Inflation, defined as an increase in the general level of prices, is not directly observable more than the general price level itself (also called “overall price level”).  You cannot go to your local convenience store and order one unit of GDP, asking, “How much is it?” —that is, how much is the general price level for one unit of GDP, made of a fraction of an automobile, a few words of medical advice, a bit of an Amazon delivery service, a dozen bubble gums, etc.? Inflation is estimated by measuring the increase in the average price of some “representative” basket of goods and services. It is incorrect to take this estimate of inflation (the consumer price index or CPI, for example) and try to trace the causes of inflation back to observed individual prices, for the latter also incorporate relative price changes (among goods and services) not caused by inflation.

Consider the following standard pronouncement. The Wall Street Journal writes (“Record Diesel Prices Pressure European Drivers, U.S. Deliveries,” May 13, 2022):

Rising energy prices are a major factor contributing to the persistence of inflation

The following historical observation  can serve to falsify such a claim. On the chart below, let’s focus on the period from January 1999 to July 2008. Over this period the average price of energy for American consumers (calculated from a sub-index of the CPI) increased nearly non-stop and was 172% higher at the end of the period than at the beginning. But some other prices decreased. For example, the average price of consumer durable goods (including such things as cars and appliances) decreased by 12%; the cost of apparel, by 10%. While inflation was estimated to be 33%, some prices increased, other decreased.

And that is the point. Without inflation, relative prices would continue to change, some prices increasing, others decreasing. The measured total change of a given price is, by definition, the sum of its relative change (relatively to other goods, without inflation) and of the inflation rate:

total price change = relative price change + inflation.

One cannot say that the total price change “contributed to” inflation, because inflation has already been added to the relative price change to produce the total. If you obtain 3 by adding 1 to 2 (2+1), it does not make much sense to conclude that 3 “contributes” to 1 (except perhaps in a very formal algebraic way).

It is true that if a supply shock reduced  the production of oil and thus of all consumer goods that use this input, there would be a one-time increase in the general price level because the same quantity of money would be chasing fewer goods. But there is no reason why inflation would continue month after month, year after year, as we see for the CPI in our chart. A persisting inflation (what people usually mean by inflation) requires more new money chasing the existing (or a fortiori reduced) volume of goods.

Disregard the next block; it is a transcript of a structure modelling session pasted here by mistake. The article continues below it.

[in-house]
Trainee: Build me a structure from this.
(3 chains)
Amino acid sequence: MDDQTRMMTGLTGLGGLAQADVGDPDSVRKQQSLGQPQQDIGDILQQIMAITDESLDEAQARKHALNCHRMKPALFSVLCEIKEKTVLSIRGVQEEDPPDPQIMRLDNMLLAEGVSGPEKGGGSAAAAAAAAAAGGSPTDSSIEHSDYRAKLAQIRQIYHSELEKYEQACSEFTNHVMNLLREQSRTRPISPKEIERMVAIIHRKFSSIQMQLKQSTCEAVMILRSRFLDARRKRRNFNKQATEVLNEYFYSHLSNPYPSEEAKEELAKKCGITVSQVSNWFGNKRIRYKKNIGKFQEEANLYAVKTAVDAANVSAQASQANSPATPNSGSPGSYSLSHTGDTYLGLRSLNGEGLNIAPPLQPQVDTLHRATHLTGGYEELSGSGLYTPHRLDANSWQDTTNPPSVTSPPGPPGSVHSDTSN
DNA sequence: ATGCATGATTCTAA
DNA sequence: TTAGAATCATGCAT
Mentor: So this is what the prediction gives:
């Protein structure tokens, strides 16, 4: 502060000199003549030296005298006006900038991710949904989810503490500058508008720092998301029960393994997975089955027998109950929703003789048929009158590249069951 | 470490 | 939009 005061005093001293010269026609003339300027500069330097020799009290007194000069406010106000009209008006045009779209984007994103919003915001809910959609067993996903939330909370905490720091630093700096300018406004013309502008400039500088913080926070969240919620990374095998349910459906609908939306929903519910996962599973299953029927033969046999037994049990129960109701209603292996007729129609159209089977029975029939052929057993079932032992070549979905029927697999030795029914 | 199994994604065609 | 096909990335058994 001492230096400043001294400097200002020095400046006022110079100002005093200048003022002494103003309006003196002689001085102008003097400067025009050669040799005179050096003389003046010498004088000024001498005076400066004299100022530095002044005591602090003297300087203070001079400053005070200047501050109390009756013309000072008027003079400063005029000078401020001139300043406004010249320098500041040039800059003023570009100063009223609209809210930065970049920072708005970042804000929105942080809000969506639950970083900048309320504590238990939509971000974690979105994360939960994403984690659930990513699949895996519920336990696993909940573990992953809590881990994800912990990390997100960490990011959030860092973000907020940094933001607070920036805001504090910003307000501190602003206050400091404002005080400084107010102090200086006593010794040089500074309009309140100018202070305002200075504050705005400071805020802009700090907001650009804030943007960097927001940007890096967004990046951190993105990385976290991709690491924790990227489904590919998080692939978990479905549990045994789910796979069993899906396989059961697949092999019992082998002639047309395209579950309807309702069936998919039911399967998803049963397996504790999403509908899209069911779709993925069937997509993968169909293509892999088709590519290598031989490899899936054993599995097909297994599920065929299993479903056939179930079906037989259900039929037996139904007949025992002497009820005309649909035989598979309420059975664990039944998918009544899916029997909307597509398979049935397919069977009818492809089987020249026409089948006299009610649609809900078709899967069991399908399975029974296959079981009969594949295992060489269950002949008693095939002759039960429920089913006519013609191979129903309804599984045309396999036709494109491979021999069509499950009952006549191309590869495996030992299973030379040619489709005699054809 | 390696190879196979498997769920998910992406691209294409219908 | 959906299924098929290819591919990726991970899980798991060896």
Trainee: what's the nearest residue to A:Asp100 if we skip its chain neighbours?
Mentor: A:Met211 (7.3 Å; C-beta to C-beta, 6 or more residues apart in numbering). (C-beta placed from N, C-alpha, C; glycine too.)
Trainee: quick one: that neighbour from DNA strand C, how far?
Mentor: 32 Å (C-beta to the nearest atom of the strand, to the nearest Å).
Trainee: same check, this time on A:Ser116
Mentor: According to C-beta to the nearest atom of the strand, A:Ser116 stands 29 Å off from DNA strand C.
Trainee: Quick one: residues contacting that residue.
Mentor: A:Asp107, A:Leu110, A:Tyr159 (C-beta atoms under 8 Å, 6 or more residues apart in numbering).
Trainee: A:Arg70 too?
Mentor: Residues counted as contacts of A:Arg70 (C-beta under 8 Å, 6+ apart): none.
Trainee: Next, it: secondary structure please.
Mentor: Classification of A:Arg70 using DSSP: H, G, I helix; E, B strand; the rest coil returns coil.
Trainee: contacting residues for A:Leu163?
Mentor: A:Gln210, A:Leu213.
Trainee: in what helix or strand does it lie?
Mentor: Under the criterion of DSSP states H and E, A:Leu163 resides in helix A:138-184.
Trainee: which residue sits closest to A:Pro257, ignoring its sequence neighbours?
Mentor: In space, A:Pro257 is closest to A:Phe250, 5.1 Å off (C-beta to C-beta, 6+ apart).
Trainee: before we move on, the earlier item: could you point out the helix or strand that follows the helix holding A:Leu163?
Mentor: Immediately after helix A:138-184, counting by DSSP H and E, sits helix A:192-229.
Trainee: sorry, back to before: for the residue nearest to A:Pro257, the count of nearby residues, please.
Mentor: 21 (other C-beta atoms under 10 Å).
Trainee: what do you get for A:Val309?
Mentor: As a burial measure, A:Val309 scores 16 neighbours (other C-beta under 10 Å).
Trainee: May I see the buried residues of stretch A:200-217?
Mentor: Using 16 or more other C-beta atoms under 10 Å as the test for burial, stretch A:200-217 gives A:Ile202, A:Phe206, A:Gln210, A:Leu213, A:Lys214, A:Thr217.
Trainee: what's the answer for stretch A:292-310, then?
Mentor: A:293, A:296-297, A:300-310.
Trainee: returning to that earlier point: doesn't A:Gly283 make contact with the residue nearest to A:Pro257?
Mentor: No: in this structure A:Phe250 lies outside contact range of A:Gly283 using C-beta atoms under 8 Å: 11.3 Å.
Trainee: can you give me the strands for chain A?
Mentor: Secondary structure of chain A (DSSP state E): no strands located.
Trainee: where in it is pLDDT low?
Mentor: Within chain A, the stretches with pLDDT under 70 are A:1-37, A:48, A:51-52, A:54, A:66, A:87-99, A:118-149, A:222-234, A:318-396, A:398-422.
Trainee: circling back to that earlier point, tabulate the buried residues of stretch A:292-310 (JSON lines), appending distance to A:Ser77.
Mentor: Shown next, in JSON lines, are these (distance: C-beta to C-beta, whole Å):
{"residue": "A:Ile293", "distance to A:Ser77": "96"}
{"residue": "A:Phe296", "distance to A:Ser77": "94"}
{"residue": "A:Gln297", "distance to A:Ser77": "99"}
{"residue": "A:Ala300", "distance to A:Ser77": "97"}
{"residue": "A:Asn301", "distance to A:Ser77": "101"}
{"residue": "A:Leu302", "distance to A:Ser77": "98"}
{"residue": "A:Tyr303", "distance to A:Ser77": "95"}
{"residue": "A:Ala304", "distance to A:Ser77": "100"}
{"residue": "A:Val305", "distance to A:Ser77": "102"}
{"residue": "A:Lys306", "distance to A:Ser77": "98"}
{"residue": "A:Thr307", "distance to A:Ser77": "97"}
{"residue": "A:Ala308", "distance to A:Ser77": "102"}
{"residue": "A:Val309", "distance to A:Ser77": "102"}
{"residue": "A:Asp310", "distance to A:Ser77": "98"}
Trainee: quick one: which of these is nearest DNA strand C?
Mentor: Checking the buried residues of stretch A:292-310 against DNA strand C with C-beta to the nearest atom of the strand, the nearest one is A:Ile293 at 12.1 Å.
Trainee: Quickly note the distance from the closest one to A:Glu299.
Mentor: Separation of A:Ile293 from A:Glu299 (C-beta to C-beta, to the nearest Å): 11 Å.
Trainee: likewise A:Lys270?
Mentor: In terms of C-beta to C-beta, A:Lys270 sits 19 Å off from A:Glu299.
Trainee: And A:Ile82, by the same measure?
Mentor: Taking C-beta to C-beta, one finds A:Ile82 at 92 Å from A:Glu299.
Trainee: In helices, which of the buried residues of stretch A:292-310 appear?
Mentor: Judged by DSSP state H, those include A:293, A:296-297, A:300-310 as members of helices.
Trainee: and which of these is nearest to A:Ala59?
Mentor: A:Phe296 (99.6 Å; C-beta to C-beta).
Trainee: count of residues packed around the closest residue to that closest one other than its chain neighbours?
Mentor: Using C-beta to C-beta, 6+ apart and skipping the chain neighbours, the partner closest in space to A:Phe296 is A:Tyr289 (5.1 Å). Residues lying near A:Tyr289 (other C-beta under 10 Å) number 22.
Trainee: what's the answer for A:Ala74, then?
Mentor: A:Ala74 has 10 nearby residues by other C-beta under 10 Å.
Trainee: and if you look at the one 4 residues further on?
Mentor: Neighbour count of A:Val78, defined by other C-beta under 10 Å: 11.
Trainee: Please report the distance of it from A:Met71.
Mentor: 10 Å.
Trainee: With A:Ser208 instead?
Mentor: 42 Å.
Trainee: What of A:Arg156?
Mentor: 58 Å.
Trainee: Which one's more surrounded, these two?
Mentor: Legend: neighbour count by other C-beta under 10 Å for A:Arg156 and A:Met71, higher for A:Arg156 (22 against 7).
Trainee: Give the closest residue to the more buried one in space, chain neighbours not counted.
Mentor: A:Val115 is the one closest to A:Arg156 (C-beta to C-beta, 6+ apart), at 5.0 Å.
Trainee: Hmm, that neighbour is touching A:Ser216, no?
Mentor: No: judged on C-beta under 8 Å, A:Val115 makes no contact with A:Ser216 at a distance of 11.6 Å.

This argument rests on standard microeconomic theory (which deals with relative prices and is also called “price theory” for that reason) and on a macroeconomic theory called monetarism.  But note that any counter-claim must also be based on some economic theory, or else it is just a vague ad hoc intuition. The media and alas even the financial press often rely on the latter.

Over the past few decades, monetarism of the Milton Friedman type has been abandoned or modified by economists. But this does not necessarily make it invalid, especially in its fundamental result that an increase in the money supply over and above the demand of the public for money will, after a lag, generate inflation. (I understand that co-blogger Scott Sumner defends a modified version of monetarism, which does not seem to contradict my claim above, at least in ordinary circumstances.)

An argument close to mine above is presented in a recent article by John Greenwood (Invesco, Ltd.) and Steve Hanke (John Hopkins University): “On Monetary Growth and Inflation in Leading Economies, 2021-2022: Relative Prices and the Overall Price Level,” Journal of Applied Corporate Finance 33:4 (2021). A paragraph from the abstract of the article provides a good summary:

The authors argue that this consensus [on current inflation being largely generated by “supply chain disruptions”] will prove to be wrong because of its failure to distinguish between relative price changes and changes in the overall price level. The movement of any single set of relative prices fails to convey information about the overall inflation rate. And as asserted by the Quantity Theory of Money, the overall inflation rate and price level are determined by changes in the money supply broadly measured. Changes in relative prices, on the other hand, result from changes in demand and supply in the real economy, making them independent of changes in the money supply. So, while a doubling of the money supply will result in a doubling of all nominal prices, relative prices remain unaffected by monetary policy.